Riyad Mahrez has £500,000 worth of valuables stolen in raid on his home

Telegraph Sport
Manchester City's Riyad Mahrez in action during training at Manchester City Football Academy on May 27, 2020 - Tom Flathers/Manchester City FC via Getty Image

Riyad Mahrez is the latest top footballer to have been targeted by criminals during lockdown after the Manchester City forward had £500,000 of valuables stolen from his apartment.

Mahrez had three luxury watches taken in the raid on his home, including a Richard Mille timepiece worth £230,000, two Rolexes and more than £50,000 in cash, it was reported on Saturday night.

The Algerian feared that he was being watched by the burglars and that the raid on his block of luxury flats was carried out to order, according to the Sun on Sunday.

A letter sent to residents of the building described how four apartments were “accessed without authority using a fob which had general access throughout the building”. A Greater Manchester Police spokeswoman said: “At around 5pm on Friday April 24, police were called to reports that four separate apartments had been burgled at a city centre block.” The news of the Mahrez incident comes just weeks after Tottenham Hotspur midfielder Dele Alli was held at knifepoint during a burglary at his home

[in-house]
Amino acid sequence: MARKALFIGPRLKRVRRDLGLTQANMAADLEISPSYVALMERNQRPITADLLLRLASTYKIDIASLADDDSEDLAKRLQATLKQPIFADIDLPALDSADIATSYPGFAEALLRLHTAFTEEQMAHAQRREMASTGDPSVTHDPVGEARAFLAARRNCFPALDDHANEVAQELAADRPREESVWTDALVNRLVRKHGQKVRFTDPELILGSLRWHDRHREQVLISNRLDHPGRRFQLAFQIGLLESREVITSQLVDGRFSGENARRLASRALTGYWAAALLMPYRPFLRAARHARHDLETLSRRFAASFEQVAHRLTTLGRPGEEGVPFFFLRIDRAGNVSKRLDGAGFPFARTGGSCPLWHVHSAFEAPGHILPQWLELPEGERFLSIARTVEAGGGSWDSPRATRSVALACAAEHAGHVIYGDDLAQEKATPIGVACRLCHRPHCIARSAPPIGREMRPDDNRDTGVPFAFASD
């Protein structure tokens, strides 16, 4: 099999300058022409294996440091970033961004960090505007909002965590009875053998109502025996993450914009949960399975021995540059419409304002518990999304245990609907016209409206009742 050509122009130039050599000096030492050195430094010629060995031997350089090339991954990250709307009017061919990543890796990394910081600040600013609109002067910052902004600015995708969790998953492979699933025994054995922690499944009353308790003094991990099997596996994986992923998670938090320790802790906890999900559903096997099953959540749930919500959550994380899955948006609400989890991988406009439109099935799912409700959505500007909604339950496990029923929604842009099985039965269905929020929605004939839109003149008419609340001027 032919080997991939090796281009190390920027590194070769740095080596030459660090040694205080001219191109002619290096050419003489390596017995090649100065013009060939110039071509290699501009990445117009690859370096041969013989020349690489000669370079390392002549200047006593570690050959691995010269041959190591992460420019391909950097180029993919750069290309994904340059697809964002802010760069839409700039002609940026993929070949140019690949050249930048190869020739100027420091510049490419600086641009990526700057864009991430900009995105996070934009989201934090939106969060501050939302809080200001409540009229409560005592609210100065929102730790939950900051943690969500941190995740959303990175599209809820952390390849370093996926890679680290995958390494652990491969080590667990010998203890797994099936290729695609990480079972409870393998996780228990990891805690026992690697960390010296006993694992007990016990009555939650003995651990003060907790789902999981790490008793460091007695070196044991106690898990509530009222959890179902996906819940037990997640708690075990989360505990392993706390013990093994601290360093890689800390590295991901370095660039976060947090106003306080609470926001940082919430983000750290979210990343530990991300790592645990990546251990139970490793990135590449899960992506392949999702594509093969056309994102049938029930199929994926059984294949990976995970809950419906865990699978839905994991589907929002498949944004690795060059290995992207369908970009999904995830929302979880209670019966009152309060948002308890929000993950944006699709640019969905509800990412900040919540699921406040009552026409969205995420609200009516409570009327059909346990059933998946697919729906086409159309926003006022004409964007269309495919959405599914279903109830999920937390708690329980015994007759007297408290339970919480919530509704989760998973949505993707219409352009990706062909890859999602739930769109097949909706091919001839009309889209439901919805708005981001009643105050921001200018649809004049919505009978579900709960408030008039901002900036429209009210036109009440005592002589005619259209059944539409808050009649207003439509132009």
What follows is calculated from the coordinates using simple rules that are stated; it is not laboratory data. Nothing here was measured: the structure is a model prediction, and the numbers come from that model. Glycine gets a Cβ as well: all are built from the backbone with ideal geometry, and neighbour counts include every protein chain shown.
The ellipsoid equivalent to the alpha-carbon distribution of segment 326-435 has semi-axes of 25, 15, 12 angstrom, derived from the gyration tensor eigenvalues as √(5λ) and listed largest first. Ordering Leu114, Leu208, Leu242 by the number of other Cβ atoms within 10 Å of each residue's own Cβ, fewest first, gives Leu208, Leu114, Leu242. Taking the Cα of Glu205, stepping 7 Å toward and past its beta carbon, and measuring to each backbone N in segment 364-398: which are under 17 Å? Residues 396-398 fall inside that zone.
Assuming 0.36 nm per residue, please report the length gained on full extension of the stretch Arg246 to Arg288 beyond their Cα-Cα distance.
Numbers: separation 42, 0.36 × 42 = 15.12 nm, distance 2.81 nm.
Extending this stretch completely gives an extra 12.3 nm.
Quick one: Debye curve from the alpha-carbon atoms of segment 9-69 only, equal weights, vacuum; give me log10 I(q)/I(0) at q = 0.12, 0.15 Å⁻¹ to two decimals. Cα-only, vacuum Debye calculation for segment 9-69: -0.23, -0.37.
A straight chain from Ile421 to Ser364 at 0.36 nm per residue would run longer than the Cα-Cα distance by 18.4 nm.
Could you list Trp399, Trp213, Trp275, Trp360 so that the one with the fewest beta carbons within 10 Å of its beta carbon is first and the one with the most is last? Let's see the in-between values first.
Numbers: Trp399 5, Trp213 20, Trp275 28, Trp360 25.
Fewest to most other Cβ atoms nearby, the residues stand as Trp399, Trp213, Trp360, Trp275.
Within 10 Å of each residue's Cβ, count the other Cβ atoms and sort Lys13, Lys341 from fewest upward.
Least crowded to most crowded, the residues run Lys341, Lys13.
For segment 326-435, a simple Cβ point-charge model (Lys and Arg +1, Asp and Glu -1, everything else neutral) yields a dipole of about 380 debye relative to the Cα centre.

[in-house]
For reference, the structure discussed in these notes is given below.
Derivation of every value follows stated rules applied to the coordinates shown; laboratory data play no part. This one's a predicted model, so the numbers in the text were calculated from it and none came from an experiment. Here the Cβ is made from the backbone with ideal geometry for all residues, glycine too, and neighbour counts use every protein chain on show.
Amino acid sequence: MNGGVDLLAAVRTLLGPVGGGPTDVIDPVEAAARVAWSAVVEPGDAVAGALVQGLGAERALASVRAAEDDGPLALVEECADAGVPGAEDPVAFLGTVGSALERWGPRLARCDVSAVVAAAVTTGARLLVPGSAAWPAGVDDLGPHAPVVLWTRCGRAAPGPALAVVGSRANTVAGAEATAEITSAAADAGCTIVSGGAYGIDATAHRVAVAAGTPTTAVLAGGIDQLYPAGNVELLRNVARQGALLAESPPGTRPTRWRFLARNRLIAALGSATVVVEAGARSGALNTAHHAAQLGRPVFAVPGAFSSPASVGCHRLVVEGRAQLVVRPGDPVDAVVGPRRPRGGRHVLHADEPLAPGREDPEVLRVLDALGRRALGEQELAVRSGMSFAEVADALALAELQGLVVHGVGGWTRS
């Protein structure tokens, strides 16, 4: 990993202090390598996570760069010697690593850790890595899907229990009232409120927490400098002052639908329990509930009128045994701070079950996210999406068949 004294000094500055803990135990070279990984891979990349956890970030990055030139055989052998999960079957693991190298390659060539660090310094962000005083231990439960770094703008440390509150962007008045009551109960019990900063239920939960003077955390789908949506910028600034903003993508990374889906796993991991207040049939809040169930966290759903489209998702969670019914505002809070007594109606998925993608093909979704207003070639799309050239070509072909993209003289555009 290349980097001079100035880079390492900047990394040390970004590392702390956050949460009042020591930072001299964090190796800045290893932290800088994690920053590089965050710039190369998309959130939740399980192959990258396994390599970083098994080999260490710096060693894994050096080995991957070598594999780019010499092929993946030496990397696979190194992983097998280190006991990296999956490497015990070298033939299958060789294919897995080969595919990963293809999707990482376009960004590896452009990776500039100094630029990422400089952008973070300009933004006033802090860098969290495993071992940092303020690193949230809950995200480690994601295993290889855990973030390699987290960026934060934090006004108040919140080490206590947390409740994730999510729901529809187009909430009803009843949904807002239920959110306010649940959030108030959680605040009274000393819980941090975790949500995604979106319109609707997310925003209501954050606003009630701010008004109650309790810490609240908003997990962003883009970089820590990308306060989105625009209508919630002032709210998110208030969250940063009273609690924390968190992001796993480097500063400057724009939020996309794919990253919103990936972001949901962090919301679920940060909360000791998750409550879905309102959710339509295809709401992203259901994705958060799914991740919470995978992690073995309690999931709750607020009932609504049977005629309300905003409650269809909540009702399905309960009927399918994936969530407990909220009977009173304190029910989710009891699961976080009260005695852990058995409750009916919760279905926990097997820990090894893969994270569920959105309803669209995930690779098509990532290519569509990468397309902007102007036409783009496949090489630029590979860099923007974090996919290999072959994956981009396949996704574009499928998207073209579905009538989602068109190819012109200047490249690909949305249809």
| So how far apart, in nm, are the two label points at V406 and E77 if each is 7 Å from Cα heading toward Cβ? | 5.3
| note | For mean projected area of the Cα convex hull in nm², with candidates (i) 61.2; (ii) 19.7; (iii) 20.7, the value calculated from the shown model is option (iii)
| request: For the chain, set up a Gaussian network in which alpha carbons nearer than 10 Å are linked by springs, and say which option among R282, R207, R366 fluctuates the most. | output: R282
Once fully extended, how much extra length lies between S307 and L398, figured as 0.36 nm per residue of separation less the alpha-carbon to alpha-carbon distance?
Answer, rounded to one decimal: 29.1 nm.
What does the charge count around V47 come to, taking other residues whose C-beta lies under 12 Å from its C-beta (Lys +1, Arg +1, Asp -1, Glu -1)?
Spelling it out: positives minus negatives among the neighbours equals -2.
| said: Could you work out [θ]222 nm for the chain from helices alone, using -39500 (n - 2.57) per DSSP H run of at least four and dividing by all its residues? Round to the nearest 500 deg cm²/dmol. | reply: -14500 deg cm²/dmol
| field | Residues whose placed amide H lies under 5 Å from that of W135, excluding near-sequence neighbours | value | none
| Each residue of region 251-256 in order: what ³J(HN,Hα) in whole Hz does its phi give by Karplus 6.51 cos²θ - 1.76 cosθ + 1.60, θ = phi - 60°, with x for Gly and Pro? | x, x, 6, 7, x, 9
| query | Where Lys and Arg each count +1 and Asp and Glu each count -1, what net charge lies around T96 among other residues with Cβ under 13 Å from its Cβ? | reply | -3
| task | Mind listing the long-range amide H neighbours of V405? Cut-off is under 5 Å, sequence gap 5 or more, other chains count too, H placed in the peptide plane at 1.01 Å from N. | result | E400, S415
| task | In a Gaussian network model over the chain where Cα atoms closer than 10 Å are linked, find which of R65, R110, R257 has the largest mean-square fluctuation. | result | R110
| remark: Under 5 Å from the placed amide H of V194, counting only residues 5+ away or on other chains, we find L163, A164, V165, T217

Alli suffered minor facial injuries in the scuffle that followed and also had a Richard Mille watch stolen, reportedly worth £150,000.

In March, the family of Tottenham defender Jan Vertonghen was also held at knifepoint while he was playing for his club in the Champions League. Last year Arsenal duo Sead Kolasinac and Mesut Özil were victims of an attempted carjacking in north London, with further security incidents following at Ozil’s home. Security experts told Telegraph Sport this month that elite footballers are easy targets for criminals and it is “only a matter of time” before a player or a member of their family is seriously injured or killed.

Alex Bomberg, the chief executive of security firm Intelligent Protection International, said players must be particularly careful to control what they post online. “The intelligence is there on social media,” Bomberg said. “The criminals can look and say: ‘Oh look, there’s the £50,000 watch, there’s the jewellery collection, there’s the £1,000 pair of sunglasses.'

“They become a target because they become a challenge. People will look at a footballer posting all of this stuff and they then become a challenge to the criminal community.”